Thursday, November 14, 2013

Wounded Writing

So you want to be a writer? Be careful what you wish for. The best writing often comes from wounded places. 
C.S Lewis said, "If you want a religion to make you feel really comfortable, I certainly don't recommend Christianity." 
Was he really suggesting people shouldn't come to faith in Christ? No, he was pointing out that God would not act as a fairy godfather, but he would refine them if they gave themselves to him. If you want to be a writer, expect more of the same discomfort, because God will ask you to use your pen to minister grace through the experience of your own struggles.

I don't believe God is the author of pain, death, sorrow, heartache, fear, rejection, illness, or loss... Those things came from Satan when he introduced us to sin way back in Eden. 
Because we live in this fallen world, we experience them. I do believe God allows his children to experience them in a different way, a way that will glorify Him if we surrender our wills and let him use those things that come our way to build our personal "character arc".

So what does this have to do with being a writer? As writers we spend a lot of our time learning to "live" in our characters' skins. We feel for them and speak for them. How much better do we understand them if we have been through what they're going through or something like it. It's one thing to write about the death of a child. It's another to have experienced the bone-aching agony of losing a loved one, and then eventually writing those feelings into the hearts of characters. Writing about infidelity, abandonment, cancer, rebellion -- and their counterparts -- faithfulness, loyalty, recovery, humility -- are better understood if we have stood on one end and walked to the other of those things. God allows us to feel the deep, wrenching level of pain those things bring so that we can write with greater understanding and empathy for those who experience them. He brings us through them so that we can write truthfully about faith and hope. Even if we are writing about fictional lives, understanding agony at that gut level can help even "characters" bring a path of healing to someone who reads their story.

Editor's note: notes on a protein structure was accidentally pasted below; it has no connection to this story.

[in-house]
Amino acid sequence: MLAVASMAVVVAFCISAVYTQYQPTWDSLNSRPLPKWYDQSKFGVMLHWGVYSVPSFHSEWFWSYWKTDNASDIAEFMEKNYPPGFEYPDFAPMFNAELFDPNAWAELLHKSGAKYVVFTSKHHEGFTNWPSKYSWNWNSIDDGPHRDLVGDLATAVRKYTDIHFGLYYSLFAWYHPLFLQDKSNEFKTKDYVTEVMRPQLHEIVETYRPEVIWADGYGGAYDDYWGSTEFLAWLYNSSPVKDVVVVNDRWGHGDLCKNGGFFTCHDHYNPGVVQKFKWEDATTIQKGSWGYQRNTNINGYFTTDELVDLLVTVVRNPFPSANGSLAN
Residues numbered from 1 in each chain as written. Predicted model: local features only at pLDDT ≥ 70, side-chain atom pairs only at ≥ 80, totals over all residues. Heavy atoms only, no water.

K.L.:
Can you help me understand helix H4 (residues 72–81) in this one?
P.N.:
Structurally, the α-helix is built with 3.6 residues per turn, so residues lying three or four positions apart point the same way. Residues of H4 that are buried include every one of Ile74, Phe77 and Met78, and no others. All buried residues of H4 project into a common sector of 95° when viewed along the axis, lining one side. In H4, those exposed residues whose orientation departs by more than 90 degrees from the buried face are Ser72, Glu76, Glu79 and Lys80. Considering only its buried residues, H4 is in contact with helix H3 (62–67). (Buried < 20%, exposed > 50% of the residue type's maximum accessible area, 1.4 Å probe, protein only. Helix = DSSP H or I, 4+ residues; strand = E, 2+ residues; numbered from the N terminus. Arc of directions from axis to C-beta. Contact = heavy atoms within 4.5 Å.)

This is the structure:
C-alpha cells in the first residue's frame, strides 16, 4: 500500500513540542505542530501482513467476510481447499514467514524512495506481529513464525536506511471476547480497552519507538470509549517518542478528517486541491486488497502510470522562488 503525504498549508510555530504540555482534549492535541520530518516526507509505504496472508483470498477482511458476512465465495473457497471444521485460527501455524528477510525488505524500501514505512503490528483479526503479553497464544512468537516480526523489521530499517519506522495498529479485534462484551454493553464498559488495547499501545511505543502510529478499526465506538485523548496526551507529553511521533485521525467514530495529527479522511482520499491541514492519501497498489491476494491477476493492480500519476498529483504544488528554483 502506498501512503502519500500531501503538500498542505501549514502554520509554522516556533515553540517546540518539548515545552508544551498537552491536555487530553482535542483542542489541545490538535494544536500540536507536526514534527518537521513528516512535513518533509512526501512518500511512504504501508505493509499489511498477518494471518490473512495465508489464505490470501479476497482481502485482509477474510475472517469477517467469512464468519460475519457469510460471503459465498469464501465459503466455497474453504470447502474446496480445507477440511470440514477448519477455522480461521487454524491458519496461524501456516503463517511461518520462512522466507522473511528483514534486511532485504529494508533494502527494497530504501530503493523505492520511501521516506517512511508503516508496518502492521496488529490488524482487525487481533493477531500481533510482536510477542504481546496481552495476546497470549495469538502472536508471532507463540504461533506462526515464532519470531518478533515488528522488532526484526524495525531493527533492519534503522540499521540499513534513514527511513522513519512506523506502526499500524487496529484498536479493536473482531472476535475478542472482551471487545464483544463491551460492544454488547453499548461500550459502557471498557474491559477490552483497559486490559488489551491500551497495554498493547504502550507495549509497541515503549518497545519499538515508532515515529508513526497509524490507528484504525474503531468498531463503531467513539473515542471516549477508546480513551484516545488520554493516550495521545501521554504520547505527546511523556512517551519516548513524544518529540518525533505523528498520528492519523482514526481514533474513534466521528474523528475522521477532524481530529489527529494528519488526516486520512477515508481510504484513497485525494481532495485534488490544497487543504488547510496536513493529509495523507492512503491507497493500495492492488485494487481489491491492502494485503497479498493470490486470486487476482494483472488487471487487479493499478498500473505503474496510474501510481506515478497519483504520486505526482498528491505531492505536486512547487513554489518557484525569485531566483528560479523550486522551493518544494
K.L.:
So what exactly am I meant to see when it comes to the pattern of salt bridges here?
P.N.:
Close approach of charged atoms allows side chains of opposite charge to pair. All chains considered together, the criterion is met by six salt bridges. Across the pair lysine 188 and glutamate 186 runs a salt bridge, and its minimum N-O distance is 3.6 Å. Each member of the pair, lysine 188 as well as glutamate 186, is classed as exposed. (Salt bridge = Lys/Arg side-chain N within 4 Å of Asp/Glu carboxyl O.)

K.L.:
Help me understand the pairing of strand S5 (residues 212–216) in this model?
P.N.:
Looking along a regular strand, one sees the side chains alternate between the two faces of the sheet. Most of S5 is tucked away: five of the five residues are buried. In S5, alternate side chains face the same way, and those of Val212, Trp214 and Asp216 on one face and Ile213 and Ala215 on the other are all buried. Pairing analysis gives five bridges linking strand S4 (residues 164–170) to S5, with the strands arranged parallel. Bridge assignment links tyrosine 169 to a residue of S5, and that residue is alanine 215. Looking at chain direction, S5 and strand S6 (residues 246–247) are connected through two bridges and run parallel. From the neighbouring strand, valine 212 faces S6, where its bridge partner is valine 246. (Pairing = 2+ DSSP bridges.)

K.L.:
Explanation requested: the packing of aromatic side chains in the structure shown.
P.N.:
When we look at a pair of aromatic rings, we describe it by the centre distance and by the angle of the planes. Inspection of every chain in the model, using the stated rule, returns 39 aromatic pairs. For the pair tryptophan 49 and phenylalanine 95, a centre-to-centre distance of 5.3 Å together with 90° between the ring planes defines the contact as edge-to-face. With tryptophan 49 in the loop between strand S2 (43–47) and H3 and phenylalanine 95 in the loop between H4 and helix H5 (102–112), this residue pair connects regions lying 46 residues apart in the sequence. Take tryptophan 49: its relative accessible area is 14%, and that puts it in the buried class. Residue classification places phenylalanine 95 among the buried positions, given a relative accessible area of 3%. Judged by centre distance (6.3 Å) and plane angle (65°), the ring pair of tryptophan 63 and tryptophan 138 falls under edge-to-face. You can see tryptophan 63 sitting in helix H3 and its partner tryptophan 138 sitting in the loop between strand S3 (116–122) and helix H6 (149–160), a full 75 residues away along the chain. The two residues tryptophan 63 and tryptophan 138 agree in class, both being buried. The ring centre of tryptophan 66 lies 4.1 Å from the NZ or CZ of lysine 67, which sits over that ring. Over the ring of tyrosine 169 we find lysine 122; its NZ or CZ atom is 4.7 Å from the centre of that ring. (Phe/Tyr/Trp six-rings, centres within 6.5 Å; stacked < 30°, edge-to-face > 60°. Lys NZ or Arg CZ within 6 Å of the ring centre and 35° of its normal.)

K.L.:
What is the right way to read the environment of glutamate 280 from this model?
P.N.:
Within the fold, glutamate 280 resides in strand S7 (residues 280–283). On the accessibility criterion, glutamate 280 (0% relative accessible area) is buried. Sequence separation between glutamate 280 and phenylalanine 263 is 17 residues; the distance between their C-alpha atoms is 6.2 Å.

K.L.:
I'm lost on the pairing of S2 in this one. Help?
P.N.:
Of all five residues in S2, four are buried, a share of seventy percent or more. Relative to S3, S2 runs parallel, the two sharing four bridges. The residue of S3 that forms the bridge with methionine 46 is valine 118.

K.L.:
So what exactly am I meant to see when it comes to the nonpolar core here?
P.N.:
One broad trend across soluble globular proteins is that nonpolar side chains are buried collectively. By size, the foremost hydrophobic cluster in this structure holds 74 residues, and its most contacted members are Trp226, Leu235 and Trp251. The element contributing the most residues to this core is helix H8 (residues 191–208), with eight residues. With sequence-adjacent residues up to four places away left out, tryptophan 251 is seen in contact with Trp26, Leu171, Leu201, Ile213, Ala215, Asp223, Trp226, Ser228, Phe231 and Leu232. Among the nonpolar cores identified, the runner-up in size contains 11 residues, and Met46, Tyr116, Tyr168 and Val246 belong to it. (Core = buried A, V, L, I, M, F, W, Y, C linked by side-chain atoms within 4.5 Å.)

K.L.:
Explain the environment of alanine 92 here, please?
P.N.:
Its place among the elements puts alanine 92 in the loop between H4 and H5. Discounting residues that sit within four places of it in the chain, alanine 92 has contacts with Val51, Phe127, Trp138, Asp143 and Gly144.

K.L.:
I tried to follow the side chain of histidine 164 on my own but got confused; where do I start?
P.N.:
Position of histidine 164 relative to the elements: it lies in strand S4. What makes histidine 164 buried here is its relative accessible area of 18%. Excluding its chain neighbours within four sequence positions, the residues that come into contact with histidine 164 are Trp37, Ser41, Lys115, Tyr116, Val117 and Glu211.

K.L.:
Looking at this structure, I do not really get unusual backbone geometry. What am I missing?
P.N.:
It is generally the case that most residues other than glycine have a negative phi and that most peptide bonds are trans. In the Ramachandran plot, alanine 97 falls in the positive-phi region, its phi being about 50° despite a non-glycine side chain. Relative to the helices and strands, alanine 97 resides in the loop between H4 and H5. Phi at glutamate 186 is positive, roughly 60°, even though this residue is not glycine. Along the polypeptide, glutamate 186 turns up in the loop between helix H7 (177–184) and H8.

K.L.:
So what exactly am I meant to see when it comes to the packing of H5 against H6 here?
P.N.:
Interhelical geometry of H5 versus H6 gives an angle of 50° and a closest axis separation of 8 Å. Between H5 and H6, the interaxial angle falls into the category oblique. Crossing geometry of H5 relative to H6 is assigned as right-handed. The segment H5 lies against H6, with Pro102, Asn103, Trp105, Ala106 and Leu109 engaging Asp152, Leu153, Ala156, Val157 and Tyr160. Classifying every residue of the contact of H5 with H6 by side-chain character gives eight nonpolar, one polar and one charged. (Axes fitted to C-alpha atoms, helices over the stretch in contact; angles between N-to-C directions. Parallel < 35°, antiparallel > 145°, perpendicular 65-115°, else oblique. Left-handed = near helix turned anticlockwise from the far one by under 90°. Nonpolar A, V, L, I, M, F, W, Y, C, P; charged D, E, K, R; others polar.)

Writing is another way of acting out 2 Corinthians 1:3-4. "Blessed be the God and Father of our Lord Jesus Christ, the Father of mercies and God of all comfort, who comforts us in all our affliction, so that we may be able to comfort those who are in any affliction, with the comfort with which we ourselves are comforted by God."

I've been comforted through the expertise of other fiction writers. Have you? What must they have experienced to help me so connect to their words?

Another C.S. Lewis quote if you don't mind:
"No one ever told me that grief felt so like fear." 

If God allows you to walk the path of grief, you understand what that feeling he describes -- a feeling you can show in your stories. You can imbue your writing with a truer understanding.

Grief, pain, and heartache have a magnetic power to suck us into very dark places which seem to hold no escape. Why let those experiences exist solely as painful memories? If we desire to write, we have an obligation to use the character arc of our lives to tell stories that resonate, that have the power to supply healing and grace to the glory of God.

Write on.

1 comment:

B. J. Robinson said...

So true. I have used the pain of losing my mother and youngest sister in my writing in the hopes of helping others deal with the loss of loved ones. Author BJ Robinson